Friday, November 11, 2005

More Sketchup

I returned to Sketchup tonight, using the correct file. The more data points a file has, the more strain it puts on the computer, so this smaller, simplified AutoCAD file was much easier to work with than the original, site-wide file. I’m pretty intent on confirming whether or not the walls of the Akapana align or not. A huge shortcoming of Sketchup is that its extremely difficult to use for work with rounded surfaces or natural materials like dirt and rock. It simply wasn’t created for that purpose. However, I hear it’s typical for archeologists to have to work with tools designed for other purposes, so I guess I’m just getting an accurate taste of the real world.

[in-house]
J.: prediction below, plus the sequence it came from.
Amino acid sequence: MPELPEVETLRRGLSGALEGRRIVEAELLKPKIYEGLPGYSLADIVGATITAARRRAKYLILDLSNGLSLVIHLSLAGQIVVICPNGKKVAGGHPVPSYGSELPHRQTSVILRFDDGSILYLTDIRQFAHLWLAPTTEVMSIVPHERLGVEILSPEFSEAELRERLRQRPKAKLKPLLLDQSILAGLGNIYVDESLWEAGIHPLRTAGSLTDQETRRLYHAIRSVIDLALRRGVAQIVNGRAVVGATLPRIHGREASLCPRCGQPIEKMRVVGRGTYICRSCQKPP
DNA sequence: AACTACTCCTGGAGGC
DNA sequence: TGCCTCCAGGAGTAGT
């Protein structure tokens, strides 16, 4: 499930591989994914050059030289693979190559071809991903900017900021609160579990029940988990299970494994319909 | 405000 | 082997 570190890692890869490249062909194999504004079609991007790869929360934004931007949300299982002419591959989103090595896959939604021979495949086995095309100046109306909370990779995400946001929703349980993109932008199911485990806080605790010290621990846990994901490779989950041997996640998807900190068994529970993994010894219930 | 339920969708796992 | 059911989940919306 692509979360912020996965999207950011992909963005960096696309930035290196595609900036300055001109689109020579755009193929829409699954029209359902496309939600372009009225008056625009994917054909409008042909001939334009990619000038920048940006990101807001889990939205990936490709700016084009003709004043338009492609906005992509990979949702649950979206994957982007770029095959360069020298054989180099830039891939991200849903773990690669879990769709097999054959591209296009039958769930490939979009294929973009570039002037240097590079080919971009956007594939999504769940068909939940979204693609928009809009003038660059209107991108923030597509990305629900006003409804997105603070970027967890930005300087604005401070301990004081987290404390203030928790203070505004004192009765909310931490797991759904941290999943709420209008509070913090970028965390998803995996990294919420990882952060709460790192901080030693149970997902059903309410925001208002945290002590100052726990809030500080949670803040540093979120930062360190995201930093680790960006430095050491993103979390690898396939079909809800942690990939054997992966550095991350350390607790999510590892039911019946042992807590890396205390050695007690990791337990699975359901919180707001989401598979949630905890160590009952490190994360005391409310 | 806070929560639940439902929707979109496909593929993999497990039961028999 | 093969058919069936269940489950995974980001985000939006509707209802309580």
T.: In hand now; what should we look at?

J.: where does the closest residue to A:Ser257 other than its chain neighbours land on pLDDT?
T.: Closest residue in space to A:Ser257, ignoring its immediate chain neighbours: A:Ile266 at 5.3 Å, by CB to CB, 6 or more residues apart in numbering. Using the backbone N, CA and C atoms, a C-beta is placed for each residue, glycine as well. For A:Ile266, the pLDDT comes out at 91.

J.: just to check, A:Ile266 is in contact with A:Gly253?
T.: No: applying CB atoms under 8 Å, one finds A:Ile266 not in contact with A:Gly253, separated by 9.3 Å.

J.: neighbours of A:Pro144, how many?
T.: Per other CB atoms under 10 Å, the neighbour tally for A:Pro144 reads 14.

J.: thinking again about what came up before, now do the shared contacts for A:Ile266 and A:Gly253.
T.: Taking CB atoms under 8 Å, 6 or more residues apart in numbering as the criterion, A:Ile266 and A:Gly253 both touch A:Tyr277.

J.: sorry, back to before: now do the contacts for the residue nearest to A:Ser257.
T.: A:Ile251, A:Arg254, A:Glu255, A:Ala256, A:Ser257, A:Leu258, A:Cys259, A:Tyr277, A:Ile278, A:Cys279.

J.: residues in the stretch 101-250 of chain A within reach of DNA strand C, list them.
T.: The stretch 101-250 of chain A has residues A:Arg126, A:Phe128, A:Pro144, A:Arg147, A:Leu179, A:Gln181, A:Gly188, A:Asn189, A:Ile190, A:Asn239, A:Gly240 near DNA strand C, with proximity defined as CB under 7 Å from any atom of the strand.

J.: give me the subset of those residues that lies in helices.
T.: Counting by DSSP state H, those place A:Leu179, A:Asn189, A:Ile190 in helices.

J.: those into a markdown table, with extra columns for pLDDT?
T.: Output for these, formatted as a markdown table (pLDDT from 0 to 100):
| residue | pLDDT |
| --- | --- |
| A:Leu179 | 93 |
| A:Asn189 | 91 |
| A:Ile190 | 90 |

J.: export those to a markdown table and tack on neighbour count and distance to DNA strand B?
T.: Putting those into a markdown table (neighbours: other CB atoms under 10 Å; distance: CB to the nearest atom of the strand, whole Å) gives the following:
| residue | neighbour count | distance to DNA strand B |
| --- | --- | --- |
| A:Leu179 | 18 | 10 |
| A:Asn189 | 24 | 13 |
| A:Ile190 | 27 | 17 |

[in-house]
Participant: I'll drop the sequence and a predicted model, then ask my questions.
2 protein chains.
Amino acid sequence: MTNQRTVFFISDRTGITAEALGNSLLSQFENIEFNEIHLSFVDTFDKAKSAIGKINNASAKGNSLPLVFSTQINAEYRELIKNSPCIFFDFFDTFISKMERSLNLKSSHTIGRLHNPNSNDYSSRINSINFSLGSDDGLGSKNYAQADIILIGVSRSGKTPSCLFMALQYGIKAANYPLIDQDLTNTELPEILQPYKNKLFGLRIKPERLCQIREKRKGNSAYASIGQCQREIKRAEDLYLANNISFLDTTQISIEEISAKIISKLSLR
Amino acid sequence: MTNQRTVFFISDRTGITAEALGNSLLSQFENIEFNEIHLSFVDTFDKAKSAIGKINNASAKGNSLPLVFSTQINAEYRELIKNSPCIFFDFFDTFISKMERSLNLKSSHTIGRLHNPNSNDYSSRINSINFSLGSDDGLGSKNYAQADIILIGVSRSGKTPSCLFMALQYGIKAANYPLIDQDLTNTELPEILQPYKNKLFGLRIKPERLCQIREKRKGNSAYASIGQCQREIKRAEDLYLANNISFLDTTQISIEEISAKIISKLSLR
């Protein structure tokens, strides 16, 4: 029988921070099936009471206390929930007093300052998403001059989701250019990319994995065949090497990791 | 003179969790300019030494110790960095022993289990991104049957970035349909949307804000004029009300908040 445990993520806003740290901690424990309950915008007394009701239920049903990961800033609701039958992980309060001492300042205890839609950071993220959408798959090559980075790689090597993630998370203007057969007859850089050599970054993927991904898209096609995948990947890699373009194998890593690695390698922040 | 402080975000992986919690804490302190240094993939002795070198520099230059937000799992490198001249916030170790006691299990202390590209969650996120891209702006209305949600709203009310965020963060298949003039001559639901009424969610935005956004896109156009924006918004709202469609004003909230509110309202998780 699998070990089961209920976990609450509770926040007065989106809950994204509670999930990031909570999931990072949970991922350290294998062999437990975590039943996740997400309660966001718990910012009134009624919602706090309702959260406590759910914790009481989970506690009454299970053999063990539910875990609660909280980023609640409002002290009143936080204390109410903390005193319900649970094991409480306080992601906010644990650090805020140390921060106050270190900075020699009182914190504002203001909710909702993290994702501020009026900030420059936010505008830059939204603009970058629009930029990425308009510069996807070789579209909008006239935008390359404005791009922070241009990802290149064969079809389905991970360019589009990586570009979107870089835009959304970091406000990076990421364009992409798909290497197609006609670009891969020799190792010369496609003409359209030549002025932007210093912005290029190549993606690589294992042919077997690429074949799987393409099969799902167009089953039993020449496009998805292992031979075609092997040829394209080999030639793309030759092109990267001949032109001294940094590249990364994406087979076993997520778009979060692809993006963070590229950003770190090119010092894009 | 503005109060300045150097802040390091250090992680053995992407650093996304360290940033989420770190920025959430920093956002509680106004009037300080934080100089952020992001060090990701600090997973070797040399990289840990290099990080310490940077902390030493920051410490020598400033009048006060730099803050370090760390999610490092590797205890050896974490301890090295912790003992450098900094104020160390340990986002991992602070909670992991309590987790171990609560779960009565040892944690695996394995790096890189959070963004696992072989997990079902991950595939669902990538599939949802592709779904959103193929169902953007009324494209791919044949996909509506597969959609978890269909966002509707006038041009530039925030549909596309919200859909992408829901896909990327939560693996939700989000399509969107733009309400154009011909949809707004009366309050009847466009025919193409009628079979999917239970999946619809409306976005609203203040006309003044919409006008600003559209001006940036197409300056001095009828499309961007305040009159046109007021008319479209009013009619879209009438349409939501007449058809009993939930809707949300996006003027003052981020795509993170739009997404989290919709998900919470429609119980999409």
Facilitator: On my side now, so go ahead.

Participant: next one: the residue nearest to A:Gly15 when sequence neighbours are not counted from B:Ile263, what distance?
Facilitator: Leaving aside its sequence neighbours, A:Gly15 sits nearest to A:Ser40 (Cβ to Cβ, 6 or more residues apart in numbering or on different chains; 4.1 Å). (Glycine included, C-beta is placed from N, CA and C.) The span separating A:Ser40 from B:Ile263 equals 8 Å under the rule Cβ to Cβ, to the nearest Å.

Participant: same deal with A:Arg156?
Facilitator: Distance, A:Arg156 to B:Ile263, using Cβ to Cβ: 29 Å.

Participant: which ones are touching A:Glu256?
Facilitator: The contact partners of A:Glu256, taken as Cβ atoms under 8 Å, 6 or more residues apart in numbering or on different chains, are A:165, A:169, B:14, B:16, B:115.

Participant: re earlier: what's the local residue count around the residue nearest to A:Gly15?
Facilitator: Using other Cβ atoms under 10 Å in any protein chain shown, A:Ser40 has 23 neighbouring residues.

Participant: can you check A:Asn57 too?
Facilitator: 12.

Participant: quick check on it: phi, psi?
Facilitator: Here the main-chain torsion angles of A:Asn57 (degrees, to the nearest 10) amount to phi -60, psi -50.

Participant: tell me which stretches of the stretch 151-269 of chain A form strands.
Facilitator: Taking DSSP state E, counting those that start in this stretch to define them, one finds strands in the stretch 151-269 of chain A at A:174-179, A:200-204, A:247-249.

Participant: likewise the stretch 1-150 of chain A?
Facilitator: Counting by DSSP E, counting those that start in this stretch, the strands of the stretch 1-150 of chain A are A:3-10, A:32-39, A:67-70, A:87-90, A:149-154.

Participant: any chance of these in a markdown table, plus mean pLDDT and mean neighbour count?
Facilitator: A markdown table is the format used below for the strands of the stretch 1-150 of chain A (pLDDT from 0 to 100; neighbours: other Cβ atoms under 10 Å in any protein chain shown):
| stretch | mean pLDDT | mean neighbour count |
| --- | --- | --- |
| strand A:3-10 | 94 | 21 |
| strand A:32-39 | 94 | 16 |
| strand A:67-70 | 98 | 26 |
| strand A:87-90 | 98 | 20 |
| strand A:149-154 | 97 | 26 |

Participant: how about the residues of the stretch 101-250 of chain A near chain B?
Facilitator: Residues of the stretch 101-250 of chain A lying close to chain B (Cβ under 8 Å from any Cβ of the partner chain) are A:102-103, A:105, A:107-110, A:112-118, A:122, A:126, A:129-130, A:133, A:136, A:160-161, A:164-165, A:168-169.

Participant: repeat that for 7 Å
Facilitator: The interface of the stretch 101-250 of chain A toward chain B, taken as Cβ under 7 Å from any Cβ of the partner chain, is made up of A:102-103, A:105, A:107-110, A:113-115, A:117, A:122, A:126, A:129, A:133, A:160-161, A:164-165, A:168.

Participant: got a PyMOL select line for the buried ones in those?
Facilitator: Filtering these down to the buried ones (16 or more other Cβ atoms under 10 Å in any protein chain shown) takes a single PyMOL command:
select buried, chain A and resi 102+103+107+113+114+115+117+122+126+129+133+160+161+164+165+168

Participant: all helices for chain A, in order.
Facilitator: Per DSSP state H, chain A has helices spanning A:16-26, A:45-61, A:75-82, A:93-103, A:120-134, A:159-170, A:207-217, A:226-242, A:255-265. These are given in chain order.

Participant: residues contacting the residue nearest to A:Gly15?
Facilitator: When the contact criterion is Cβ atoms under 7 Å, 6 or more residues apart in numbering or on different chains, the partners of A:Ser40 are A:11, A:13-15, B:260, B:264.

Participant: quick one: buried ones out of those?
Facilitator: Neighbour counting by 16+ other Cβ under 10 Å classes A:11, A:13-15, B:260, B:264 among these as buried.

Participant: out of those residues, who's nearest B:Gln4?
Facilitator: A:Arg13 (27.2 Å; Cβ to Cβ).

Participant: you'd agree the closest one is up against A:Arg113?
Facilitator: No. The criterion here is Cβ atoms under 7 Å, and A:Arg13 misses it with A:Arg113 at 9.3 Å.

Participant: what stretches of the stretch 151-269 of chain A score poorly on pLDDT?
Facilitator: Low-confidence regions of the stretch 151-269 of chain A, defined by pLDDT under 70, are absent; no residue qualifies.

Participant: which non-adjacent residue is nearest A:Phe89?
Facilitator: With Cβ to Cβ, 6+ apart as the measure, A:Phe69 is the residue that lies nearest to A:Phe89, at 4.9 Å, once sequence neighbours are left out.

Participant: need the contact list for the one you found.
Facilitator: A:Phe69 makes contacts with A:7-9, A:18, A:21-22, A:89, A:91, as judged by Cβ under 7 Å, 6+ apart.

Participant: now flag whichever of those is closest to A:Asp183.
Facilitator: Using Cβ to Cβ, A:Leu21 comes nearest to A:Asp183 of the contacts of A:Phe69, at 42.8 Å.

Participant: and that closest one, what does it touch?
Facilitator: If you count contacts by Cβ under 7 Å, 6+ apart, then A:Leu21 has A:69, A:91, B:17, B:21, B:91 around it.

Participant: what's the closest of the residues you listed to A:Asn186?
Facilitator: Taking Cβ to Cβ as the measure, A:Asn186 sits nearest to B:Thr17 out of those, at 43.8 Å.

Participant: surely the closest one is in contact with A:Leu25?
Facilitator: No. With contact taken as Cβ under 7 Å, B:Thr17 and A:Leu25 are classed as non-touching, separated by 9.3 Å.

Anyway, the linearity of Sketchup can actually be used to its advantage when trying to determine if various components of the Akapana line up. There are 3-5 excavated sites on the structure (that I can see from the topographical data). By inserting rectangular-shaped blocks into the model, I was able to connect the first and second decorative wall layers between 2 or 3 excavated sites. I should mention that I’m not interested in the misalignment cited by prior archeologists. The discussion with Alexei made it clear that the double-wall theory explains that. I’m more interested in checking to see if the Akapana is level and if adjacent walls of the structure are where one would expect to find them. As it turns out, my model shows that there is about a 2 foot elevation difference between the two excavated walls I chose to examine. Unless the Akapana was intentionally slanted, I believe that shifting ground can be blamed; it has been thousands of years since the pyramid was built, after all.


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